I came up with the idea to study English Literature after watching Educating Rita, (1983) but I didn’t get the grades I needed (three ‘A’s) and I didn’t have the money to get my ‘A’ Level History remarked, which everyone else did and is one of my few regrets, since everyone went up at least one grade. Nor, did I want to resit, I had been there, done that. I was keen to get on with my life but decided that I wanted to do something different as I was beginning to question how useful French, History and English Literature were. They couldn’t even get me on a course and I have a ‘B’ in English Literature. So, taking some random advice about applying to courses which had loads of space in the clearing list, I ended up on a computing degree at Liverpool Polytechnic.
My dad (who had left school at 16, my mum, 14) asked me the night before I was due to leave: Are you not worried about starting a degree in something you know nothing about? Me, with the breathtaking dazzling confidence of my 18 year-old self, said, Course not, how hard could it be? At which point, everyone reminded me of all the times I had said that when I hadn’t prepared for something and gone out and failed.
I spent my first night in temporary accommodation at the real university in a block which overlooked the street and indeed road sign of Strawberry Fields, which was painted on the wall, so it couldn’t get nicked. I think I must have gone down to dinner, I don’t really remember but I got talking to a load of part-time masters students somehow who were staying in the same halls and took me off to the pub. They were on a study-week as they were all fully grown up and working and so took the opportunity to give me lots of advice and beer whilst they reminisced about their time as students.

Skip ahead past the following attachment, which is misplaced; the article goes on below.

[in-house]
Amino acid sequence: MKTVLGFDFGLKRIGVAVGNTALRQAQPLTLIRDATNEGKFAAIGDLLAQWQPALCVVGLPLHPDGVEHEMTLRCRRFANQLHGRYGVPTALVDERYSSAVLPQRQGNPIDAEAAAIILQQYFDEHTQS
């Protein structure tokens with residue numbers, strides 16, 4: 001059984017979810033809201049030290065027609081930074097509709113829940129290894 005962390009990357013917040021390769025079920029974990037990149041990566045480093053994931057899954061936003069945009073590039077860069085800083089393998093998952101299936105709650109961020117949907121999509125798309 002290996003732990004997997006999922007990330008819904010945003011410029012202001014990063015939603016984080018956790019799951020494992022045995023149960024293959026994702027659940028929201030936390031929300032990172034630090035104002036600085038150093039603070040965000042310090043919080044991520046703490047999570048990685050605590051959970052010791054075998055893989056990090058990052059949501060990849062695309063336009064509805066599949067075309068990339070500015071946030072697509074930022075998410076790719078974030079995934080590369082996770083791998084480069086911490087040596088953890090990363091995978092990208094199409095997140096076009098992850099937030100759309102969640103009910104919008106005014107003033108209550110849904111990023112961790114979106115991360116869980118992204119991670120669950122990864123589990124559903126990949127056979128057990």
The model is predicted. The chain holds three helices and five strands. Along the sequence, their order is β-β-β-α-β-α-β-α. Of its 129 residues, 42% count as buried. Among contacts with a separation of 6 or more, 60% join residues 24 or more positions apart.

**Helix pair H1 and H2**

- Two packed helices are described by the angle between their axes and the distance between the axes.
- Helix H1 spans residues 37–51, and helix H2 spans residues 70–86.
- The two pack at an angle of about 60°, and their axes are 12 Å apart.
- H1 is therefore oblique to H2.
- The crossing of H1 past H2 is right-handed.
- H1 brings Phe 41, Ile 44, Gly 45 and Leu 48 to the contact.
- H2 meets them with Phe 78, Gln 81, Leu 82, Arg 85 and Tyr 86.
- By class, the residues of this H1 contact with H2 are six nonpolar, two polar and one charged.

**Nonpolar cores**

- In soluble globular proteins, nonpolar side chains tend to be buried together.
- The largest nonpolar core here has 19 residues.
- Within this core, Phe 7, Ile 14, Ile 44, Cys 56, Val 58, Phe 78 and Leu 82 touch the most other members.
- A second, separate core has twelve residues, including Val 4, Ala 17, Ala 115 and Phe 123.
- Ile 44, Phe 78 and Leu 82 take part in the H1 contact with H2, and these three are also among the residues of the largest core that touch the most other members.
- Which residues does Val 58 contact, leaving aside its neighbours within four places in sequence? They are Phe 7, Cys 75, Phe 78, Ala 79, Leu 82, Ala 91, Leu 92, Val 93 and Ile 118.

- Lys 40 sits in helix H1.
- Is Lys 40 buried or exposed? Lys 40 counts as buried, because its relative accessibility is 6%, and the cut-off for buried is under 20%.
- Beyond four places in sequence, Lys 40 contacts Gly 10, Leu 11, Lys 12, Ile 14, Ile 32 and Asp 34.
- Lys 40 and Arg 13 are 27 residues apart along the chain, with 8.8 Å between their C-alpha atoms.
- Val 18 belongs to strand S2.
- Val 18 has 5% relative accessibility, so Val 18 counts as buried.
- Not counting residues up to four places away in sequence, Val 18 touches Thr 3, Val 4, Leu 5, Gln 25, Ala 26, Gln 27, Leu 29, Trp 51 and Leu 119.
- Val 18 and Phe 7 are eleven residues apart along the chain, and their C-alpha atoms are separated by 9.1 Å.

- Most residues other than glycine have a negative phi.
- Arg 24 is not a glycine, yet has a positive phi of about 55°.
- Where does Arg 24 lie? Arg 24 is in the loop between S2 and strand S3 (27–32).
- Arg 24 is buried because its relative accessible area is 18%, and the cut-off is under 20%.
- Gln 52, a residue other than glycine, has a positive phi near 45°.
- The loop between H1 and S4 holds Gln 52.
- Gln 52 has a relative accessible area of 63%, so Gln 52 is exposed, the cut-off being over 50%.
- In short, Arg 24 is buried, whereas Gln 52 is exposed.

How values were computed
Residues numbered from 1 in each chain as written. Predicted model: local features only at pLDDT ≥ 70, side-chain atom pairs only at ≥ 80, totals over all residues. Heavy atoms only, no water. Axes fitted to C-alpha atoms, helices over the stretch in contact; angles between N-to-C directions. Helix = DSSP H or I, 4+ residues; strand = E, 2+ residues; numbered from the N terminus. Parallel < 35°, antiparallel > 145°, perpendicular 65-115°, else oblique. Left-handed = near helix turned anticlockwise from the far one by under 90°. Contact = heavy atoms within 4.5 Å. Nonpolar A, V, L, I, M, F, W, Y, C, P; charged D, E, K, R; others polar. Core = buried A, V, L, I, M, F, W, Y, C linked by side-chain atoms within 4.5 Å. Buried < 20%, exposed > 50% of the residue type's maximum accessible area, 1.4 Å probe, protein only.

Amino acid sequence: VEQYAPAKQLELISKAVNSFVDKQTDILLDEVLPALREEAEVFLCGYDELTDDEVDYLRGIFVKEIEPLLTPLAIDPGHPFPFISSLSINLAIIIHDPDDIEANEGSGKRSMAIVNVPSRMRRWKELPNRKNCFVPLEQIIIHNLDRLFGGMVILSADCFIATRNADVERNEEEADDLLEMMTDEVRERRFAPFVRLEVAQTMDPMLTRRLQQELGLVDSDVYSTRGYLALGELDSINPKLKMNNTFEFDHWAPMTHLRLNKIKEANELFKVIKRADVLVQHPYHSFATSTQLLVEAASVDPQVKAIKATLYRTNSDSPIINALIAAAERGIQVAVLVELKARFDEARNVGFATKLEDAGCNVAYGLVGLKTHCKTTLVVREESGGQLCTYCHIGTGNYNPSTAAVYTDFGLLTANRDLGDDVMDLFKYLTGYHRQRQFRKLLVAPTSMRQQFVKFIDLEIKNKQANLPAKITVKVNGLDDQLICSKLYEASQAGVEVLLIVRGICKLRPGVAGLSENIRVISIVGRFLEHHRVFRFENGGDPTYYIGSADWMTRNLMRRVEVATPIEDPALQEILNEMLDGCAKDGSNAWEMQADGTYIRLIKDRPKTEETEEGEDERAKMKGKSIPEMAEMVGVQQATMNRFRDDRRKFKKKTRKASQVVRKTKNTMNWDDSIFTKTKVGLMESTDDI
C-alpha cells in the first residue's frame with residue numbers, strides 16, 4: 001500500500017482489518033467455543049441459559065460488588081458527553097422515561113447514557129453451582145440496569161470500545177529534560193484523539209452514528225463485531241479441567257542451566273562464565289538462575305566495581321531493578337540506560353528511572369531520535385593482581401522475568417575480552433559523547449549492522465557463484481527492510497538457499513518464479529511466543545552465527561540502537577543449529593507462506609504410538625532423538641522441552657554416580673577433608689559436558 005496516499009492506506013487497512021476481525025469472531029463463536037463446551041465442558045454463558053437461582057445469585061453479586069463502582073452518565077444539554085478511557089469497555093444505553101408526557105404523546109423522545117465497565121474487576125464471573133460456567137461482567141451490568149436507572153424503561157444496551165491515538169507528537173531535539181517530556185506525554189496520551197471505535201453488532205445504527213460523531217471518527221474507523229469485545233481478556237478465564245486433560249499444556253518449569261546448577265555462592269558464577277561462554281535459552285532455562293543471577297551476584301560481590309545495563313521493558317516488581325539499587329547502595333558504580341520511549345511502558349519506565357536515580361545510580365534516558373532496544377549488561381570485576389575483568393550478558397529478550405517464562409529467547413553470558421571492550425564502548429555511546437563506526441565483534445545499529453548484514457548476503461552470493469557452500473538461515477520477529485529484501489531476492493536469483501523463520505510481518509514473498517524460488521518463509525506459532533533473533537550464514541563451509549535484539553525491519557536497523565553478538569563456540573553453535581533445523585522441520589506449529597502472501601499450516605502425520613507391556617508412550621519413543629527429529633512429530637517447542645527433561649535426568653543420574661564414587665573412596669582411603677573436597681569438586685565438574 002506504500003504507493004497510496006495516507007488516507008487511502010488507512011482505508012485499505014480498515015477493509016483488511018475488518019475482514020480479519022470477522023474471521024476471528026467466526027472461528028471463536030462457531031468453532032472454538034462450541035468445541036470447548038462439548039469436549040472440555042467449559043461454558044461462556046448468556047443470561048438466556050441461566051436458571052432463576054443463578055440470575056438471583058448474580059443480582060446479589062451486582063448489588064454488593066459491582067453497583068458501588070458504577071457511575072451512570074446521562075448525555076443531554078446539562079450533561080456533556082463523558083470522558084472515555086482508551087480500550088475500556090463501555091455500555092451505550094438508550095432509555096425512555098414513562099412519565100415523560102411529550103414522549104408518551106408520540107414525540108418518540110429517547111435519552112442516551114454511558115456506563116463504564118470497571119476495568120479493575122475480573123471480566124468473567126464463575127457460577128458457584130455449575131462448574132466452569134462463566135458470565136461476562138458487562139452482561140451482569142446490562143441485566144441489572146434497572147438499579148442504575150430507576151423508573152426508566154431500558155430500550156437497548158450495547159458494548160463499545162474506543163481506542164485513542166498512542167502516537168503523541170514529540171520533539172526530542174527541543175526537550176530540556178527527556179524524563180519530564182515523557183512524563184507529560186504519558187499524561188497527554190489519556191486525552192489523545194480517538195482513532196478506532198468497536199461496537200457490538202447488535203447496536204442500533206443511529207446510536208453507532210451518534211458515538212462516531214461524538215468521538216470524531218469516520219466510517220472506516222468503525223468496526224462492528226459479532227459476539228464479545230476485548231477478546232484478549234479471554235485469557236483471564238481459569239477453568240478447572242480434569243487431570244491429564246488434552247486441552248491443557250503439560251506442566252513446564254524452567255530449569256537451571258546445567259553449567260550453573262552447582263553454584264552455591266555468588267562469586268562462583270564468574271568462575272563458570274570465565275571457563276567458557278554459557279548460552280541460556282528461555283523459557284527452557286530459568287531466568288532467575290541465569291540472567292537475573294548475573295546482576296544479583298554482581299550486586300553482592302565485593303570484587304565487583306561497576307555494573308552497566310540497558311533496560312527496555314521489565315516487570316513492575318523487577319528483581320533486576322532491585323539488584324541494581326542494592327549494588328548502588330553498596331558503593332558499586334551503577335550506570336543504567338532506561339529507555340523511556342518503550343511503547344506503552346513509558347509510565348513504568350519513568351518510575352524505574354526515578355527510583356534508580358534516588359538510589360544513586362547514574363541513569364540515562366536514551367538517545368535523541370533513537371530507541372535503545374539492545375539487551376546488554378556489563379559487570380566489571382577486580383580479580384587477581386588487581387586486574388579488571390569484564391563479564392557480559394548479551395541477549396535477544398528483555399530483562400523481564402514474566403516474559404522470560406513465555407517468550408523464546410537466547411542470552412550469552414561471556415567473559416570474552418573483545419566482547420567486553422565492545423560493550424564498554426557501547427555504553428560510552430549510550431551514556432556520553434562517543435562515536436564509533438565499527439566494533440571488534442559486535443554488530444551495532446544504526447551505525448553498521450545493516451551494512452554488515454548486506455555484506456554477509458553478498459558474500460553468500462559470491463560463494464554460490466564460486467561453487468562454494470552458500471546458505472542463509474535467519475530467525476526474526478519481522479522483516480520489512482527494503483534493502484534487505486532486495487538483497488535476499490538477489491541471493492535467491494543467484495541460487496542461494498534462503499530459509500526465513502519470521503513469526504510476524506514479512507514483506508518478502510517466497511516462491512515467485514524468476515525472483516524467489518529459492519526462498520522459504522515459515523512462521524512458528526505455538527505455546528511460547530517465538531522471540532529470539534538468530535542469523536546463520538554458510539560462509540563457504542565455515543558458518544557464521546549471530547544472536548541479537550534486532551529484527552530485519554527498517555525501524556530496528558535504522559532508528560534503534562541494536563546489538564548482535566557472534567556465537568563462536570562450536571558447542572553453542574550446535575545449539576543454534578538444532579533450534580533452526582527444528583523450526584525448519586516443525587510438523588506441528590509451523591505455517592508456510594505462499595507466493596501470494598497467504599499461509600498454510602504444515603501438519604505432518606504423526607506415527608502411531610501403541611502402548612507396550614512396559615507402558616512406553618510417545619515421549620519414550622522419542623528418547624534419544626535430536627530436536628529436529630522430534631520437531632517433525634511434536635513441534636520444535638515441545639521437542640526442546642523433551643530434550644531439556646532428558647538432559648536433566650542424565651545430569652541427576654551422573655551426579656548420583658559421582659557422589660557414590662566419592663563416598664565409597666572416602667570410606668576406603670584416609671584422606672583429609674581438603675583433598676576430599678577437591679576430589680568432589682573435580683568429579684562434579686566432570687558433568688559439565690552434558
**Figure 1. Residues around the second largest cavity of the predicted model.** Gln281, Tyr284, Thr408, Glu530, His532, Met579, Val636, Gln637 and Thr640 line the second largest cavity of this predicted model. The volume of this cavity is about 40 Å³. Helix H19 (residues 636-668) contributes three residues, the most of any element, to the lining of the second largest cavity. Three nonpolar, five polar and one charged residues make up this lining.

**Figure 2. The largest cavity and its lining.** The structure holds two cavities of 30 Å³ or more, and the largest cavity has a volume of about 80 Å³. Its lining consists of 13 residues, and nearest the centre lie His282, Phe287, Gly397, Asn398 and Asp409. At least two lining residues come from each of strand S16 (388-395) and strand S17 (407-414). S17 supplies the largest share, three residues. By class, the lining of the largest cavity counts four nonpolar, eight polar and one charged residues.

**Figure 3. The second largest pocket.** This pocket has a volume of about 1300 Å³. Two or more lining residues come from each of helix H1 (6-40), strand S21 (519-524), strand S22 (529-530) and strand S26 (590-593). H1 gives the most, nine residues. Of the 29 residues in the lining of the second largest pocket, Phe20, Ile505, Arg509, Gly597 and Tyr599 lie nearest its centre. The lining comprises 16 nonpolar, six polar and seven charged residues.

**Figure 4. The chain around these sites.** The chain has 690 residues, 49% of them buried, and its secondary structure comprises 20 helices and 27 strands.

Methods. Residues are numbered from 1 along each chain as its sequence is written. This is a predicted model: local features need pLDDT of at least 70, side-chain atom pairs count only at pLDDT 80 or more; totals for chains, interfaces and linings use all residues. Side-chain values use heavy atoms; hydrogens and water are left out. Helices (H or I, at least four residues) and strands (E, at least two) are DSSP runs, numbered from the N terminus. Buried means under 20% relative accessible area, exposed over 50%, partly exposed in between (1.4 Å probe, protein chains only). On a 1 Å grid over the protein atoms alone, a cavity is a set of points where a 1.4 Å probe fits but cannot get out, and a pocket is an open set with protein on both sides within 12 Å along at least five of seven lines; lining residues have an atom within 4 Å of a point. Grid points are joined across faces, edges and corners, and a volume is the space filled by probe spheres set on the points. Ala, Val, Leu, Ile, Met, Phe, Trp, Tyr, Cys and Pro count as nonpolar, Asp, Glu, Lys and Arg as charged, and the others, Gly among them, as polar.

The next day, excited and fuzzy headed, I went off to the accommodation office, I thought they would give me keys instead they gave me a list of landlords and told me to get some 10p pieces. Charming.
It took a couple of days but I found a place and a friend. She was one cool chick with whom I kept crossing paths, so when she was in the phone box ahead of me, it felt like a sign. I waited for her to come out and introduced myself. We teamed up, found a place together, and became firm friends as we began our new lives.
Sometimes, I dream that I am back in Liverpool. I am always looking for a place to stay or searching for a friend. I welcome this recurring dream now, because it is a shift in my consciousness which signals to my heart that I will wake up to something new.
On that first morning it was to wonder why some Japanese tourists were taking pictures of a wall, but I took it to mean that there’s magic in the most unlikeliest of places and people, and proceeded through my day with that intention.
Sometimes I feel naive and silly to think the way I do. I feel like I’ve just been caught accidentally holding my breast in public and I will get distracted and won’t finish what I’ve started, but when I worry that I might fail I remember 18-year-old me shrugging and saying: Course not, how hard can it be?
And with a breathtaking dazzling confidence that I still dream about, I ask myself: Indeed, how hard can it be?
[ part 2 ]